• Dept. of Education.  In June 2017, the ED announced that it was postponing “until further notice” the July 1, 2017 effective date of various provisions of the “borrower defense” final rule issued by the ED in November 2016, including the rule’s ban on arbitration agreements.  It also made a concurrent announcement that it planned to enter into a negotiated rulemaking to revise the “borrower defense” rule.  In October 2017, the ED published an interim final rule postponing the effective date of such provisions of the “borrower defense” final rule until July 1, 2018, and in February 2018, the ED published a final rule to further postpone the effective date until July 1, 2019.  In its Spring 2018 rulemaking agenda, the ED indicates that it expects to issue a NPRM in May 2018 regarding the “borrower defense” rule.

The following bills were passed by the House earlier this week:

  • The “Making Online Banking Initiation Legal and Easy (MOBILE) Act, H.R. 1457.  Passed by a vote of 397-8, the MOBILE Act would allow a bank to scan and retain personal information from a state-issued driver’s license or personal identification card when an individual seeks to open an account online or obtain a financial product or service online.  The bill would also allow a bank to use the license or identification card to verify the individual’s identity and comply with a legal requirement to record, retain, or transmit the personal information of an individual seeking to open an account online or obtain a financial product or service online.  According to the accompanying House Report, the bill is intended to create a “new national standard” that would preempt state laws that do not permit the scanning of state-issued driver’s licenses or personal identification cards to verify a customer’s identity.  The bill contains an express preemption provision.  While the bill expands the documentation a bank can use to verify a customer’s identity in an online transaction, it does not require a bank to accept such documentation or limit a bank’s ability to decide who is eligible to open an account.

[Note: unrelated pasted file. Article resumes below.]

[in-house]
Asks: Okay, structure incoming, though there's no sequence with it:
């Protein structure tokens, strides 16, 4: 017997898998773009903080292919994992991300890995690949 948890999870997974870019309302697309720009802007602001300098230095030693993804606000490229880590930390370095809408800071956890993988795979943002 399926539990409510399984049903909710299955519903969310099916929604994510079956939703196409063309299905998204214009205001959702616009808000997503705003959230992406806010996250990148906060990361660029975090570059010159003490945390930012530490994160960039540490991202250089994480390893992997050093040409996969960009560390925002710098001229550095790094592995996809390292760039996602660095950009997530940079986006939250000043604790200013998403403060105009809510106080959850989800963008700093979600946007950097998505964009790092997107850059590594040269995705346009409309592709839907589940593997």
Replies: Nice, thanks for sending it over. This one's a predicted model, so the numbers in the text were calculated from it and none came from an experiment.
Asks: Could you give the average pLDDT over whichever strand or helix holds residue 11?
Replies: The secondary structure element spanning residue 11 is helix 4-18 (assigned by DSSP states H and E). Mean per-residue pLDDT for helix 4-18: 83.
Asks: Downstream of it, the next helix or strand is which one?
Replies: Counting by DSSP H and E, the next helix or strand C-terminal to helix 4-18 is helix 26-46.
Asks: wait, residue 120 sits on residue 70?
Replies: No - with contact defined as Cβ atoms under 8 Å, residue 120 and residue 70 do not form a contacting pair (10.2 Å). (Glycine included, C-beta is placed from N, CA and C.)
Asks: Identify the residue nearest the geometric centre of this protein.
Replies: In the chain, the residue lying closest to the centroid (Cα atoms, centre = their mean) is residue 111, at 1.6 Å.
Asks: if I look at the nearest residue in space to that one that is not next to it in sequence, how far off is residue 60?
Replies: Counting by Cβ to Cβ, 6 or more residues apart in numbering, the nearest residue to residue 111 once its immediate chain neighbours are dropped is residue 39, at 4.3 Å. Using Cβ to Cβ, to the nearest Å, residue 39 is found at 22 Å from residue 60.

• The “Federal Savings Association Charter Flexibility Act of 2017,” H.R. 1426.  Passed by a voice vote, the bill would allow a federal savings association to exercise the powers of a national bank without converting to a national bank charter.  According to the accompanying House Report, the bill is intended to allow a federal savings association to exceed the commercial and consumer loan limits to which it is subject under the Home Owners Loan Act while continuing to be treated as a federal savings association for purposes of governance, consolidation, merger, dissolution, conservatorship, and receivership.  Under the bill, a federal savings association would have to submit a notice of election to operate as a national bank and, unless the OCC otherwise notified the association, the election would be deemed approved 60 days after the OCC received notice.